November in black and white

It doesn’t cost much to open your eyes in new ways. A $49 Toronto Parks & Rec course in photography, for instance.

Ever since our parents put their Brownie box camera into my hands at the age of three, I’ve taken a ton-lot of photographs. Thousands and thousands and thousands.

This course nudges us off Auto or Priority modes. For the past month, I’ve been shooting fully manual. Yes, I feel all thumbs at times and screw up exposure. Gradually, though, new neural pathways are developing along with new possibilities for my shots. Brain expanded, eyes opened.

Here are a few images from this week’s exercise in black and white; most are unedited. Click any image to open the slideshow and a less-pixilated view.

All the shots (except one) are from a cold, blustery morning at Monarch Park. The exception at the top, with a lucky leaf stuck to my window at home, shows a couple from my collection of Dog Bite Steel critters by Jean Pierre Schoss.
Underside of a chinquapin oak leaf (Quercus muehlenbergii)
Plant debris chasing each other across the pavement.

Have you done something recently that has changed your thinking? Tell us about it in the comments.


  1. This is brilliant! I need to take a course to relearn manual on my digital camera. I just completed a week of B&W photos shared on
    Facebook and it was a fun challenge. I’ve now started a B&W file of photos on my computer.

    1. I’ve been watching the Facebook B&W meme with interest, Jessica. It was a nice coincidence to have it as our most recent photo assignment. Yes, do take a course. It’s worth it.

  2. Shooting in B&W really brings out the textures. This reminds me of all the B&W pictures my dad took of us growing up so I’m feeling a little nostalgic after reading your post.

    I’m thinking of taking an Ikebana course, if available around town. I feel my garden designs have become a little formulaic and safe. Maybe a little asymmetry is in order, professionally and personally!

  3. One of the best things I ever did was taking two photo courses. They moved me from an always-on-automatic mode photographer to one who wouldn’t consider using it. Yes, exposure and white balance can be off but using the full range of a camera’s possibilities makes for great fun and better photographs.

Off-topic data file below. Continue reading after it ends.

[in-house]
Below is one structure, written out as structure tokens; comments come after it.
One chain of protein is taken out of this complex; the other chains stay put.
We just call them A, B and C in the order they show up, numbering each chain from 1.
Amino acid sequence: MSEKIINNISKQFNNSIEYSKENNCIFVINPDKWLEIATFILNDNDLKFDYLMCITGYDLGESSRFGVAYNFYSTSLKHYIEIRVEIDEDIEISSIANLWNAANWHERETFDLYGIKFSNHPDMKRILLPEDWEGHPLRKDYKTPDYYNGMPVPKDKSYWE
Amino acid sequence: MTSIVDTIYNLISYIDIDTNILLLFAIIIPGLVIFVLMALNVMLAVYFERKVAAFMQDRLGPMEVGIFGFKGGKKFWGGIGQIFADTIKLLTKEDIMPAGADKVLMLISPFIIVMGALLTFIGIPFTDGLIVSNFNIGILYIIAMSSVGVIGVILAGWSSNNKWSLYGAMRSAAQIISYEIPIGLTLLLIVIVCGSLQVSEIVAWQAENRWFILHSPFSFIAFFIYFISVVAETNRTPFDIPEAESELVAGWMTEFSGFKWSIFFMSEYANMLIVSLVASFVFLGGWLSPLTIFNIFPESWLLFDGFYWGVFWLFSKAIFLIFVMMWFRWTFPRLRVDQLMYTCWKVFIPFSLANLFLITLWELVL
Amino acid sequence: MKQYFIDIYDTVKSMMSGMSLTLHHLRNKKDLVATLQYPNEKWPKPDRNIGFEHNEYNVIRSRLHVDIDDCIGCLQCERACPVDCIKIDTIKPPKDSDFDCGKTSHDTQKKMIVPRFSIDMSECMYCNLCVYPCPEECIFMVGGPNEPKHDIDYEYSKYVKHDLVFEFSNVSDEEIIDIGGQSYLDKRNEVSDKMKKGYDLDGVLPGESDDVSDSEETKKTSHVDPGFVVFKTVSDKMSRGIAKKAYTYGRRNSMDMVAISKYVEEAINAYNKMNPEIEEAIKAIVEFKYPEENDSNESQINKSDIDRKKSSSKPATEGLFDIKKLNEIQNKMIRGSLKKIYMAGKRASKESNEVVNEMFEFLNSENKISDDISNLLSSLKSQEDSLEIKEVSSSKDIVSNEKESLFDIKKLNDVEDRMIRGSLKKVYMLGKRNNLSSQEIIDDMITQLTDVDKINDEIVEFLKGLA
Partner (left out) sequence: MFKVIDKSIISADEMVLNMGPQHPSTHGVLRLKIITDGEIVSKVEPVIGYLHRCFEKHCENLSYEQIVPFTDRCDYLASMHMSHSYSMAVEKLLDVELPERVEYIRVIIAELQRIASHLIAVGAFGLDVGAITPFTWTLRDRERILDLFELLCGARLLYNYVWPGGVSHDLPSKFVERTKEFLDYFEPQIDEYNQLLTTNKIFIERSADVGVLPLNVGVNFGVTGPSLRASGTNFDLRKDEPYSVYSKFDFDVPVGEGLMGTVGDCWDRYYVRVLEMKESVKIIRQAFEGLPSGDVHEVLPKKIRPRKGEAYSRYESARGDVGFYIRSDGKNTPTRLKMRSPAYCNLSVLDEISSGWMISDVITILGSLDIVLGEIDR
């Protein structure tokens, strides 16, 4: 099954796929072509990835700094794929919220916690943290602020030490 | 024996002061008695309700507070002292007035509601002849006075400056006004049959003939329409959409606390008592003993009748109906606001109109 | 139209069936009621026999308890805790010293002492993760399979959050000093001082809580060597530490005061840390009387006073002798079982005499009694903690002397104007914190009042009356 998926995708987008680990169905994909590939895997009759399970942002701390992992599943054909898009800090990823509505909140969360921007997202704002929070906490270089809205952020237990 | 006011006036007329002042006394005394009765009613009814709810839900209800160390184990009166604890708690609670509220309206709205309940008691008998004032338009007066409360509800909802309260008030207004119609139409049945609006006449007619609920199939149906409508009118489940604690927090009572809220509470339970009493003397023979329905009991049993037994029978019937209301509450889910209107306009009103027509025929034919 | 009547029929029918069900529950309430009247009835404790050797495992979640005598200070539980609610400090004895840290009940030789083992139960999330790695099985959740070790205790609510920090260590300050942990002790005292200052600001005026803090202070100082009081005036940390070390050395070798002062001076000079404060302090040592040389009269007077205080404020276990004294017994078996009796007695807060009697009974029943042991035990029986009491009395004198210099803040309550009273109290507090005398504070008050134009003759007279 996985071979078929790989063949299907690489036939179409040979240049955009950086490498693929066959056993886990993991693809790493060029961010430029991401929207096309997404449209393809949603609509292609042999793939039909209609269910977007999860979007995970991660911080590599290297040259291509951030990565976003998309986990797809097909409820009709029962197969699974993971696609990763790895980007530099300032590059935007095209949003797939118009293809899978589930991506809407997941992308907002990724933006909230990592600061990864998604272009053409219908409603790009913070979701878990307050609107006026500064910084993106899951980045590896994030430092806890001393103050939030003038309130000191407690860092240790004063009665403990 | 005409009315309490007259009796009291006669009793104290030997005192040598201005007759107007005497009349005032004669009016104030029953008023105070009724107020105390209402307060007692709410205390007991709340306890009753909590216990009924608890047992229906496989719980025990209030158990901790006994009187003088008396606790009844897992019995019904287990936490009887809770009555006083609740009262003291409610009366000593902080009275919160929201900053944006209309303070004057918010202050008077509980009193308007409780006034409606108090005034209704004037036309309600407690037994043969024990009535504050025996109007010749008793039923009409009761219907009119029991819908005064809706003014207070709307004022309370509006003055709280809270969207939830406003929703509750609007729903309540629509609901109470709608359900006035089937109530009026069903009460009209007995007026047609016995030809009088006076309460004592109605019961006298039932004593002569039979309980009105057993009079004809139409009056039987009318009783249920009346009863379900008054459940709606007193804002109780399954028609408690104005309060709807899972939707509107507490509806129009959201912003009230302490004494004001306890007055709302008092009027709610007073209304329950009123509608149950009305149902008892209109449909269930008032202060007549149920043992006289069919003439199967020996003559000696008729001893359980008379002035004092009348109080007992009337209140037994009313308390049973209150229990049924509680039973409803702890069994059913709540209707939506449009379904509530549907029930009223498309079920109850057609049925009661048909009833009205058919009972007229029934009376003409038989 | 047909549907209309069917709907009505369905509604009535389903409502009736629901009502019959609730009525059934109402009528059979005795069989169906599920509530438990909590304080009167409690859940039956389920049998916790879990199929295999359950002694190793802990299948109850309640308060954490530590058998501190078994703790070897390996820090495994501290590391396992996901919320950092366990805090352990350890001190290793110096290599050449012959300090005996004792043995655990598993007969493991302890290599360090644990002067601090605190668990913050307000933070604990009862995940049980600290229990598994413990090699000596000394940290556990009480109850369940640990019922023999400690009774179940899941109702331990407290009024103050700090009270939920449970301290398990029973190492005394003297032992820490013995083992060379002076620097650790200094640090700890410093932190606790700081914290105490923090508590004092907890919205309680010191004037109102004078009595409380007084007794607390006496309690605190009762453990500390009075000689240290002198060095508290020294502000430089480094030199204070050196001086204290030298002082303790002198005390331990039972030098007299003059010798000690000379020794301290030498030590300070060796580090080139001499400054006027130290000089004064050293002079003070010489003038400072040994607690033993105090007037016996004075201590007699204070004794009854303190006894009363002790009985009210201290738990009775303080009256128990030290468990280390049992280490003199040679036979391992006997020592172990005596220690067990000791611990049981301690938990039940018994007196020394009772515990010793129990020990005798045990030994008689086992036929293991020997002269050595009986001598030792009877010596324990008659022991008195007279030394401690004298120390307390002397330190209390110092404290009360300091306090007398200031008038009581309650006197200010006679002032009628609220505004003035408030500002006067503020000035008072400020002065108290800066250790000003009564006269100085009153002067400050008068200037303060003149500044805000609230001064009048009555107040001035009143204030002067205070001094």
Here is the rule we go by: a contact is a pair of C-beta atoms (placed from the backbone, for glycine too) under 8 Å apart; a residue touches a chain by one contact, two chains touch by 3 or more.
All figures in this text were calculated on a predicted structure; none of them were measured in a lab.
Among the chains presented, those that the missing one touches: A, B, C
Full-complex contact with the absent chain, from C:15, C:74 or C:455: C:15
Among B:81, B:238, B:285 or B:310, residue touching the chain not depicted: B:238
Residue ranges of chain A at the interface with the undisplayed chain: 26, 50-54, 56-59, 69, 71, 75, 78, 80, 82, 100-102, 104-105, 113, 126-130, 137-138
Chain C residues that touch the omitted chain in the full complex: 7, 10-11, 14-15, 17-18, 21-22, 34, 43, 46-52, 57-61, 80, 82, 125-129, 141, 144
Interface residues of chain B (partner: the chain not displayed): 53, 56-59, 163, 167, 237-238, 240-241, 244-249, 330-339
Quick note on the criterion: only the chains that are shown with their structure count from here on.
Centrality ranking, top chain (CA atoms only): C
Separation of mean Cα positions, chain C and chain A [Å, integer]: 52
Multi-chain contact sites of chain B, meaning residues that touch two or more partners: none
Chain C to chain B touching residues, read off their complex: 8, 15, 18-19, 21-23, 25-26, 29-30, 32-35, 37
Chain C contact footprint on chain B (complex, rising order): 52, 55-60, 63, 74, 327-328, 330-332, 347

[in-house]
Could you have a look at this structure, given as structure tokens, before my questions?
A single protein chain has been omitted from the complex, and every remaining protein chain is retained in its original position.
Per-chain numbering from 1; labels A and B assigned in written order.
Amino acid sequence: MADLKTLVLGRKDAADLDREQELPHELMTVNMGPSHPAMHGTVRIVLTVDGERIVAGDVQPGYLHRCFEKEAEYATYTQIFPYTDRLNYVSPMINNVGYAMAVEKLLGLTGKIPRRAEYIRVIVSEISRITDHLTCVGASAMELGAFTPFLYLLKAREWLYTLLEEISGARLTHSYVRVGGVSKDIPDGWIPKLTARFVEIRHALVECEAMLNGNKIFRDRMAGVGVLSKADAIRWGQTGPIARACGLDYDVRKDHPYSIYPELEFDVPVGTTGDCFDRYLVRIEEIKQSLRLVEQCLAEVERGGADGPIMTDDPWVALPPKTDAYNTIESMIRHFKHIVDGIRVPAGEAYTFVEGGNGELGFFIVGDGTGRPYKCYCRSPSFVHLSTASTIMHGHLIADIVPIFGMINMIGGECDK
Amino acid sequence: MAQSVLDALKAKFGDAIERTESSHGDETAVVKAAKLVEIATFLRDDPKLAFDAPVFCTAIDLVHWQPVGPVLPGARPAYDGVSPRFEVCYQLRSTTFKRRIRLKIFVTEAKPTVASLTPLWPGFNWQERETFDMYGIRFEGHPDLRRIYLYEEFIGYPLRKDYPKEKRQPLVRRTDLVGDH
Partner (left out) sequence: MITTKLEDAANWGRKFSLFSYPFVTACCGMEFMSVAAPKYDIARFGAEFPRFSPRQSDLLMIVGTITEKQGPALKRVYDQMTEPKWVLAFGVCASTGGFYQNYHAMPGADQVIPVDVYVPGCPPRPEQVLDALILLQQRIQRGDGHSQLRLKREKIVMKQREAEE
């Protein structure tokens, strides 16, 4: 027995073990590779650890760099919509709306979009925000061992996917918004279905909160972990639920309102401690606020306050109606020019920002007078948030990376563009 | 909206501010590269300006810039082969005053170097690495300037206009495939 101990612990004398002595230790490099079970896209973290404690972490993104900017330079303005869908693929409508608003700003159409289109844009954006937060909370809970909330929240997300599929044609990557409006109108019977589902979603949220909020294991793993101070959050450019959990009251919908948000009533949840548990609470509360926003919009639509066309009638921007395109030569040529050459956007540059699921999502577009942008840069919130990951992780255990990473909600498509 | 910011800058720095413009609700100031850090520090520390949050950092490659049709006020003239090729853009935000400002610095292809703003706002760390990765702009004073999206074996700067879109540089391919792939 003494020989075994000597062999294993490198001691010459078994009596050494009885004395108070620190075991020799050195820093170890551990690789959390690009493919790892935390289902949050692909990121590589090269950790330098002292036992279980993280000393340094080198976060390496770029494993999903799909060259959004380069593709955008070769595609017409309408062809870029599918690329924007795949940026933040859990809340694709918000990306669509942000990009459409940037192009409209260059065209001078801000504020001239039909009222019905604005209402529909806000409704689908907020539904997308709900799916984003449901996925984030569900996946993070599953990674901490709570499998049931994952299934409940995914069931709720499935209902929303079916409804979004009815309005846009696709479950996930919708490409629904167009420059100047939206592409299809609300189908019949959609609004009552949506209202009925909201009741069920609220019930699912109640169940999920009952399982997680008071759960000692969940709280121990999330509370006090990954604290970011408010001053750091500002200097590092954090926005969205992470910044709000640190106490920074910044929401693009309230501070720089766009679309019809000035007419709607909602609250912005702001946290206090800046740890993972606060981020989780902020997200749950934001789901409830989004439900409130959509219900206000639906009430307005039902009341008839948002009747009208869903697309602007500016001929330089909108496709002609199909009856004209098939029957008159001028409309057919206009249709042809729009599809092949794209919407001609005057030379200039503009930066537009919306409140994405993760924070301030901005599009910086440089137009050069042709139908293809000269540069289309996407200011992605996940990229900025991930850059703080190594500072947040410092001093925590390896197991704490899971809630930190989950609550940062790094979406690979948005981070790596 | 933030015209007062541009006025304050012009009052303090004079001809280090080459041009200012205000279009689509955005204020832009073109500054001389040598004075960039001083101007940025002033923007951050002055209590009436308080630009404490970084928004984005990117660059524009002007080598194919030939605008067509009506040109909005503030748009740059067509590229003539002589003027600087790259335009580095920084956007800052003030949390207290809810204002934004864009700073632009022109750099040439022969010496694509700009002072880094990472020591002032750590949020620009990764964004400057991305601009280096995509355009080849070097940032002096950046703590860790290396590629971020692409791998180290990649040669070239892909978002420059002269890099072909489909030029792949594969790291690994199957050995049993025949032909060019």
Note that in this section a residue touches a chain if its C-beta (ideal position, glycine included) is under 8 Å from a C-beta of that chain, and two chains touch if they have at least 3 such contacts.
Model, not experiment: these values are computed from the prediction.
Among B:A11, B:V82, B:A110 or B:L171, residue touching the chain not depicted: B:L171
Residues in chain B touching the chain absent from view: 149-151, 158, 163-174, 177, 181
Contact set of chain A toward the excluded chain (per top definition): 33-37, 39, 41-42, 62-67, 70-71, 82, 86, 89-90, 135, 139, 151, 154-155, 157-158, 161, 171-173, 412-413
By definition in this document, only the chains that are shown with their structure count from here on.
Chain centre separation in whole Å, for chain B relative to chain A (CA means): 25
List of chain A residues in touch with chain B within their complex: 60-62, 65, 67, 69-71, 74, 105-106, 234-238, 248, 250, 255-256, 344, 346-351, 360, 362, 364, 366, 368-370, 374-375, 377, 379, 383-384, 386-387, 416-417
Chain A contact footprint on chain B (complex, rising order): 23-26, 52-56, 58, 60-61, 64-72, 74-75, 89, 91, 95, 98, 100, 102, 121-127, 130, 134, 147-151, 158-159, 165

Learning a good system for cataloguing photo to make them easily accessible was another plus I gained from my courses. I know there are lots of programs to do this; I rely on Lightroom.

    1. I’m looking forward to continuing the next installment of this course in January. Although I’ve been too busy this month to do the course full justice, I have definitely been pushed out of my comfort zone. It feels surprisingly good! And time and energy spent cataloging would be time well-spent for me, too.

  4. Thanks for the reminder of how beautiful b&w photography is. 🙂
    I’ve recently been impressed by how much more quickly I ‘see’ the garden’s design with a camera in hand. Otherwise I do tend to focus only on individual plants, not on how well they are working together in a border.

  5. Love your critters 🙂 Andy and I still talk about David Perry’s workshop at the Seattle Fling. It was the first time he’d been nudged off auto and he’s still going strong.

    Well done on tackling NoBloPoMo again – apologies for not cheering you along much earlier in the month!

    1. I remember that David Perry workshop with great appreciation, VP. (But I have to confess that I quickly crapped out with NaBloPoMo this year… just too many things on my plate in 2017. Next year!)

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